In a dissonance case, a person sincerely and with conviction asserts that P, while her overall automatic behaviour suggests that she believes that not-P. In contrast with several mainstream views, this paper defends the contradictory-belief view of some relevant dissonance cases and explores its consequences regarding Moorean propositions. The paper argues that in relevant cases, the dissonant person is justified in asserting (or believing) a Moorean proposition on the grounds of her explicit view on the subject matter and the recognition of her opposing beliefs. The person is irrational in being dissonant, but not in asserting a Moorean proposition.
Influential views on self-knowledge presuppose that we cannot come to know a resistant belief in a first-personal way. Two theses support this supposition: (i) if a belief self-ascription is grounded in the evidence of the person holding the belief, it is third-personal and (ii) we cannot have first-personal knowledge of beliefs we do not control. I object to both of these theses and argue that we can introspect on beliefs of which we lack control even though we cannot assent to their content.
This paper focuses on the puzzling situation of having beliefs that are resistant to one’s own critical reasoning. This phenomenon happens, for example, when an individual does not succeed in eliminating a belief by evaluating it as false. I argue that this situation involves a specific type of irrationality—not yet properly identified in the literature—which I call ‘critical doxastic resistance’. The aim of this paper is to characterize this type of irrationality. Understanding such a phenomenon sheds light on the type of agency that we exercise when we reason critically. Moreover, it illustrates one relevant relationship between agential rational control of our beliefs and the rational functioning of beliefs as being responsive to reasons. I argue that critical doxastic resistance is characterized by a failure to meet the following rational norm: in critical reasoning, the results of evaluative reasoning should automatically transfer into, and be implemented by, the reasoning or beliefs under evaluation.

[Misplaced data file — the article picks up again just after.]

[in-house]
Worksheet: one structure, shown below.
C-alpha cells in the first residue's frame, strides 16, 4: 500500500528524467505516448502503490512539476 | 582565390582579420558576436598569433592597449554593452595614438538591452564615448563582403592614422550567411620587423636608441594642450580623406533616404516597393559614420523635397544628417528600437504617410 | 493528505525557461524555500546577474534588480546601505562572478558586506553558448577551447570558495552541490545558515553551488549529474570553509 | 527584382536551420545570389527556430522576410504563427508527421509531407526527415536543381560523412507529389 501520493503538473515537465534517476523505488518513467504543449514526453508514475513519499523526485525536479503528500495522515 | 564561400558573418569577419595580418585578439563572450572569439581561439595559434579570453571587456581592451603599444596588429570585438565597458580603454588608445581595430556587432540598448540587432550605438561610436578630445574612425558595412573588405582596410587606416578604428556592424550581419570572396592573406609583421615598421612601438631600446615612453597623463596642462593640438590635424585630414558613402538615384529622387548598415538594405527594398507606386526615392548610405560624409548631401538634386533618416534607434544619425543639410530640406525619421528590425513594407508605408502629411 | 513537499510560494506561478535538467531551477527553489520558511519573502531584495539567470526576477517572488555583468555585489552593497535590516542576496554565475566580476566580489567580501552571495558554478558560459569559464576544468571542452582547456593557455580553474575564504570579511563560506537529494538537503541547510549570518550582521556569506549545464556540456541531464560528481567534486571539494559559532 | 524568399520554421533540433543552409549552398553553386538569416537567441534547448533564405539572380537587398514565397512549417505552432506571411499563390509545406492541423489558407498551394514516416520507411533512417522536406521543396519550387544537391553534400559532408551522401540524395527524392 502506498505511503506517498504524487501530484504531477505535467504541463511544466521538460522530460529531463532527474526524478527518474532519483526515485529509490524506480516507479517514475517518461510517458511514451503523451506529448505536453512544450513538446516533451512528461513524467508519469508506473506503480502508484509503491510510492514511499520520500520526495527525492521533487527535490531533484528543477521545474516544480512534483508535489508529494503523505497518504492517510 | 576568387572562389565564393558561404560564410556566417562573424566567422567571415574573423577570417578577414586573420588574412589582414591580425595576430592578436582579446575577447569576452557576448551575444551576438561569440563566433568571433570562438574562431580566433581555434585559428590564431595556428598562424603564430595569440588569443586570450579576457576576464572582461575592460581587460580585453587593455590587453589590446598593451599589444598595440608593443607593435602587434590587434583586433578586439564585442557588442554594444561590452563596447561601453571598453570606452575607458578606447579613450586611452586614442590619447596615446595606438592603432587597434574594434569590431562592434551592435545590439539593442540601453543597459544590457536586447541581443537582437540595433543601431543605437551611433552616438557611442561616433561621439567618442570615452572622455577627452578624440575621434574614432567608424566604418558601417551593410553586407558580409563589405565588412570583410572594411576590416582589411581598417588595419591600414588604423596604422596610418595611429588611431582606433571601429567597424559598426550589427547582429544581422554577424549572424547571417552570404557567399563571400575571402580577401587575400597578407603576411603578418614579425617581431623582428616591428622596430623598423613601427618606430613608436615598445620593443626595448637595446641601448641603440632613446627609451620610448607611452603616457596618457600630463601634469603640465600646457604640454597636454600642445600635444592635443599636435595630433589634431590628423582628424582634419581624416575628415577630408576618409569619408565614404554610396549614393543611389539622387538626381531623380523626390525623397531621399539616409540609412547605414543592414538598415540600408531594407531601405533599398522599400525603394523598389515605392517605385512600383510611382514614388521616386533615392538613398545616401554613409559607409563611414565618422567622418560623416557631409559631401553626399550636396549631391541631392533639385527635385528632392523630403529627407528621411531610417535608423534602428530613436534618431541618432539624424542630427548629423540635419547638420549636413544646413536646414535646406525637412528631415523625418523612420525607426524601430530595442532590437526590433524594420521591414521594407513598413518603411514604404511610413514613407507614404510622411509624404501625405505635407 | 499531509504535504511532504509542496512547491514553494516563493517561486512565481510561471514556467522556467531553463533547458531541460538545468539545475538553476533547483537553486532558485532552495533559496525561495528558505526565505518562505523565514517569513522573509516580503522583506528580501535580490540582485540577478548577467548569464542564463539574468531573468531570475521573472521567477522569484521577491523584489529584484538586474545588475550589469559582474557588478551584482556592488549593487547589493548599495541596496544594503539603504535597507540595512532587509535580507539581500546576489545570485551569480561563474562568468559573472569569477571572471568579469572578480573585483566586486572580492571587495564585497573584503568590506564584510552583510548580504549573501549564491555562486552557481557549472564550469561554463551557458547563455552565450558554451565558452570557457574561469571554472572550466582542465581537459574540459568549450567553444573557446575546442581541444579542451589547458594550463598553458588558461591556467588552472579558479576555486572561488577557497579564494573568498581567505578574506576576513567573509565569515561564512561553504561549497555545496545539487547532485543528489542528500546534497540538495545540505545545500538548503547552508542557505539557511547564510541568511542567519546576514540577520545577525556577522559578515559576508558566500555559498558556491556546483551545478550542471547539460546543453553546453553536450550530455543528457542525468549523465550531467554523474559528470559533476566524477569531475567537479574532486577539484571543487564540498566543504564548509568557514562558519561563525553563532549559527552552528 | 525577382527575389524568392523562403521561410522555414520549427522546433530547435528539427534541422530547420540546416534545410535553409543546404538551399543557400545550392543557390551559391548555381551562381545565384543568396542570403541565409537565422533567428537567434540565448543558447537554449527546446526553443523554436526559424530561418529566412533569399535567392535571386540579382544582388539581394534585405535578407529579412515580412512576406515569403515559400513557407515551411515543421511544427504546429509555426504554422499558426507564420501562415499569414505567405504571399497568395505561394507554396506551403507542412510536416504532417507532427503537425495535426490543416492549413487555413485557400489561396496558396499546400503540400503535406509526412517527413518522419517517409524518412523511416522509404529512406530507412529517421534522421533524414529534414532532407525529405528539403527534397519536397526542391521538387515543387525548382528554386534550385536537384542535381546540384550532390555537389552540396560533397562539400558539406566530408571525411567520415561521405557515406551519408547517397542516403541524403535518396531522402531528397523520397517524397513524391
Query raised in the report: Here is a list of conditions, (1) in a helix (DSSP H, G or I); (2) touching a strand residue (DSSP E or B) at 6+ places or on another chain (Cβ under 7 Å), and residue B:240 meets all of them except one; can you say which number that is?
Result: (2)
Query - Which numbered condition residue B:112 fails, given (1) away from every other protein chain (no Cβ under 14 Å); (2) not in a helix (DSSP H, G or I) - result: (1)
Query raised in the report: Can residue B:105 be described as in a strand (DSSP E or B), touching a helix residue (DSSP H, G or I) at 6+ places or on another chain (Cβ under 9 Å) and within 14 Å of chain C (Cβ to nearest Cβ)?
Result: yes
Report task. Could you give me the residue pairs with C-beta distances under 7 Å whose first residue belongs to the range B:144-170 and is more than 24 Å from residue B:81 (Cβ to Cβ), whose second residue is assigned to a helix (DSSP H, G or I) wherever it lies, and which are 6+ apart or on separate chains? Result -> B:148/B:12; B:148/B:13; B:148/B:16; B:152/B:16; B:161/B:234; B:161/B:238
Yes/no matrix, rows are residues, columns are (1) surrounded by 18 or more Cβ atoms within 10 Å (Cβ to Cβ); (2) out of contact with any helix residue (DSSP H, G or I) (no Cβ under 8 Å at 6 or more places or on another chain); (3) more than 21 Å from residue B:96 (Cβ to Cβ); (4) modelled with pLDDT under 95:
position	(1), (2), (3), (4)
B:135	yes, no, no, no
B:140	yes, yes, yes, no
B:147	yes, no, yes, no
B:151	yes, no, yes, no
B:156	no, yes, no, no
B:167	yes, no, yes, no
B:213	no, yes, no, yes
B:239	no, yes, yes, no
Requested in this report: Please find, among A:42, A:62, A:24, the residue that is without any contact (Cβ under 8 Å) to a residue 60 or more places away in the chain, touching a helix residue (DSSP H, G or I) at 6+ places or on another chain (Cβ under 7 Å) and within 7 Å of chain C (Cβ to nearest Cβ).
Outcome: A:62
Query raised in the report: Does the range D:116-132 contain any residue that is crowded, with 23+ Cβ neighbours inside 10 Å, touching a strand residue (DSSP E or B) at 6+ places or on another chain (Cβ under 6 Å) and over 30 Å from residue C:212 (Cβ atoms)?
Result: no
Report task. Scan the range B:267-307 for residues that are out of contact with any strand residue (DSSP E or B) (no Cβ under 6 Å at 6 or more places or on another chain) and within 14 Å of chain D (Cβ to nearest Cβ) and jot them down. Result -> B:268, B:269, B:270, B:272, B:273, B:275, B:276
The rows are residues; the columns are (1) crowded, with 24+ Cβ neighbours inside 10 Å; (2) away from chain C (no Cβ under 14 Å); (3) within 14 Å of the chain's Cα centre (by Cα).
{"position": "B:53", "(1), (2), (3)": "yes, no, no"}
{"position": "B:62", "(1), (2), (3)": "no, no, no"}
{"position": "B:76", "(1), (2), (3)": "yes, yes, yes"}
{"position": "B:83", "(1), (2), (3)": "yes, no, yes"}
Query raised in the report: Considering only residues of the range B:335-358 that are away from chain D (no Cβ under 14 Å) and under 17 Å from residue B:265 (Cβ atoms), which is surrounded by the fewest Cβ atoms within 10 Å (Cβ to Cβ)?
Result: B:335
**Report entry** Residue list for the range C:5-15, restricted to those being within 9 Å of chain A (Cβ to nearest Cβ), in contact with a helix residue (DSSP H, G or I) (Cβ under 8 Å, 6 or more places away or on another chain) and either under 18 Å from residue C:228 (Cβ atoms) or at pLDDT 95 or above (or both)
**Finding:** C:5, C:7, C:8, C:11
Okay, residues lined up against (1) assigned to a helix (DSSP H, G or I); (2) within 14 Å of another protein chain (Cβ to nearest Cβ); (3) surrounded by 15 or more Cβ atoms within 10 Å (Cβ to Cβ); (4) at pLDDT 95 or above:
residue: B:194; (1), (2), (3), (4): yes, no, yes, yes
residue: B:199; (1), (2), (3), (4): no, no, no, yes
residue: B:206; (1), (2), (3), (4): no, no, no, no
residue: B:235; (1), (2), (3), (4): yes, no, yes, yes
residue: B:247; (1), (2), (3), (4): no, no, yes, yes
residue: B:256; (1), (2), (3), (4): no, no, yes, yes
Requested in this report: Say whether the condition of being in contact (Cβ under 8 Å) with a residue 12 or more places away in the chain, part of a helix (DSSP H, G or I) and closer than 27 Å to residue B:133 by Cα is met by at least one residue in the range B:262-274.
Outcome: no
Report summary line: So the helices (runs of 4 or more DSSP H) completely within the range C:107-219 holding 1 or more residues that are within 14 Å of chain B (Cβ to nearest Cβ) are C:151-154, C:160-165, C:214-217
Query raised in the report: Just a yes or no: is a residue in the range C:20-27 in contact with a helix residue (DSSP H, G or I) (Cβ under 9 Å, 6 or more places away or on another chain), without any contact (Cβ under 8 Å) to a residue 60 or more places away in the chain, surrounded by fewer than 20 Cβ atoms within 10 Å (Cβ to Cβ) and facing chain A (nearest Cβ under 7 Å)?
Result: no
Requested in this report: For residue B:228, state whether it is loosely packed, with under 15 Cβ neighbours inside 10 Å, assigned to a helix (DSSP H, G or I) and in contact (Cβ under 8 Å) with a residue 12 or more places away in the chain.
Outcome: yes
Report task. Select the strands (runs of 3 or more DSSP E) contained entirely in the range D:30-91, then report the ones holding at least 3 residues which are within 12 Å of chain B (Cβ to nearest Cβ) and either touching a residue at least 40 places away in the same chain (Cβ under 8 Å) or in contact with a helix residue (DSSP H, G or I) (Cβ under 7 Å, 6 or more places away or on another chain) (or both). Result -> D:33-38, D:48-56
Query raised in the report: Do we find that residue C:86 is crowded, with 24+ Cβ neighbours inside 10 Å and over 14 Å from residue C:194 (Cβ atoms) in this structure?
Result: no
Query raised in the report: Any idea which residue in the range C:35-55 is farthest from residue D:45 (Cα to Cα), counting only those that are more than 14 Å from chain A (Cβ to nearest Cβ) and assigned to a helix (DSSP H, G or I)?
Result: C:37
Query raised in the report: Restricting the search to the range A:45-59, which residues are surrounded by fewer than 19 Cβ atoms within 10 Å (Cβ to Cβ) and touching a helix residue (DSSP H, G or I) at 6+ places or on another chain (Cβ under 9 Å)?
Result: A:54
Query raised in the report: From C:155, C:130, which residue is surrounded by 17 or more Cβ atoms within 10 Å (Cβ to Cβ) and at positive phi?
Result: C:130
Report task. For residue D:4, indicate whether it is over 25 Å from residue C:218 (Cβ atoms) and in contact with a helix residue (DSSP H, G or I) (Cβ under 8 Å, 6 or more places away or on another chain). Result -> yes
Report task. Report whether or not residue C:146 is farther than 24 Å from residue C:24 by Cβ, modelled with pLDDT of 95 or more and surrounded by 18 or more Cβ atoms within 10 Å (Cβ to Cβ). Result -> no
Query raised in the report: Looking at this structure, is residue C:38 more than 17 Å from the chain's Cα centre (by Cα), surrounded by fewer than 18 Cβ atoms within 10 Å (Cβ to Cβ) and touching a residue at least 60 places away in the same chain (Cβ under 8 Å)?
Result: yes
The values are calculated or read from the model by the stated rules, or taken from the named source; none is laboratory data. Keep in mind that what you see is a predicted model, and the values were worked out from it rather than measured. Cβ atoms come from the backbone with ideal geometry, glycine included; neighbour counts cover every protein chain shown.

In a dissonance case, a person sincerely and with conviction asserts that P, while his/her overall automatic behavior suggests that he/she believes that not-P. According to Schwitzgebel (2001, 2010), this is a case of in-between believing. This article raises several concerns about Schwitzgebel’s account and proposes an alternative view. I argue that the in-between approach yields incorrect results in belief self-ascriptions and does not capture the psychological conflict underlying the individual’s dissonance. I advance the view that in relevant cases the dissonant individual has two mutually contradictory beliefs.
In this work, I argue for the possibility of epistemic akrasia. An individual S is epistemically akratic if the following conditions hold: (1) S knowingly believes that P though she judges that it is epistemically wrong to do so and (2) Having these mental states displays a failure of rationality that is analogous to classic akrasia. I propose two different types of epistemic akrasia involving different kinds of evidence on which the subject bases her evaluation of her akratic belief. I examine three objections to their possibility. I suggest that the key to defending the possibility of epistemic akrasia is to explain condition (2). I finally argue that epistemic akrasia is possible, and that it represents a failure of mental agency.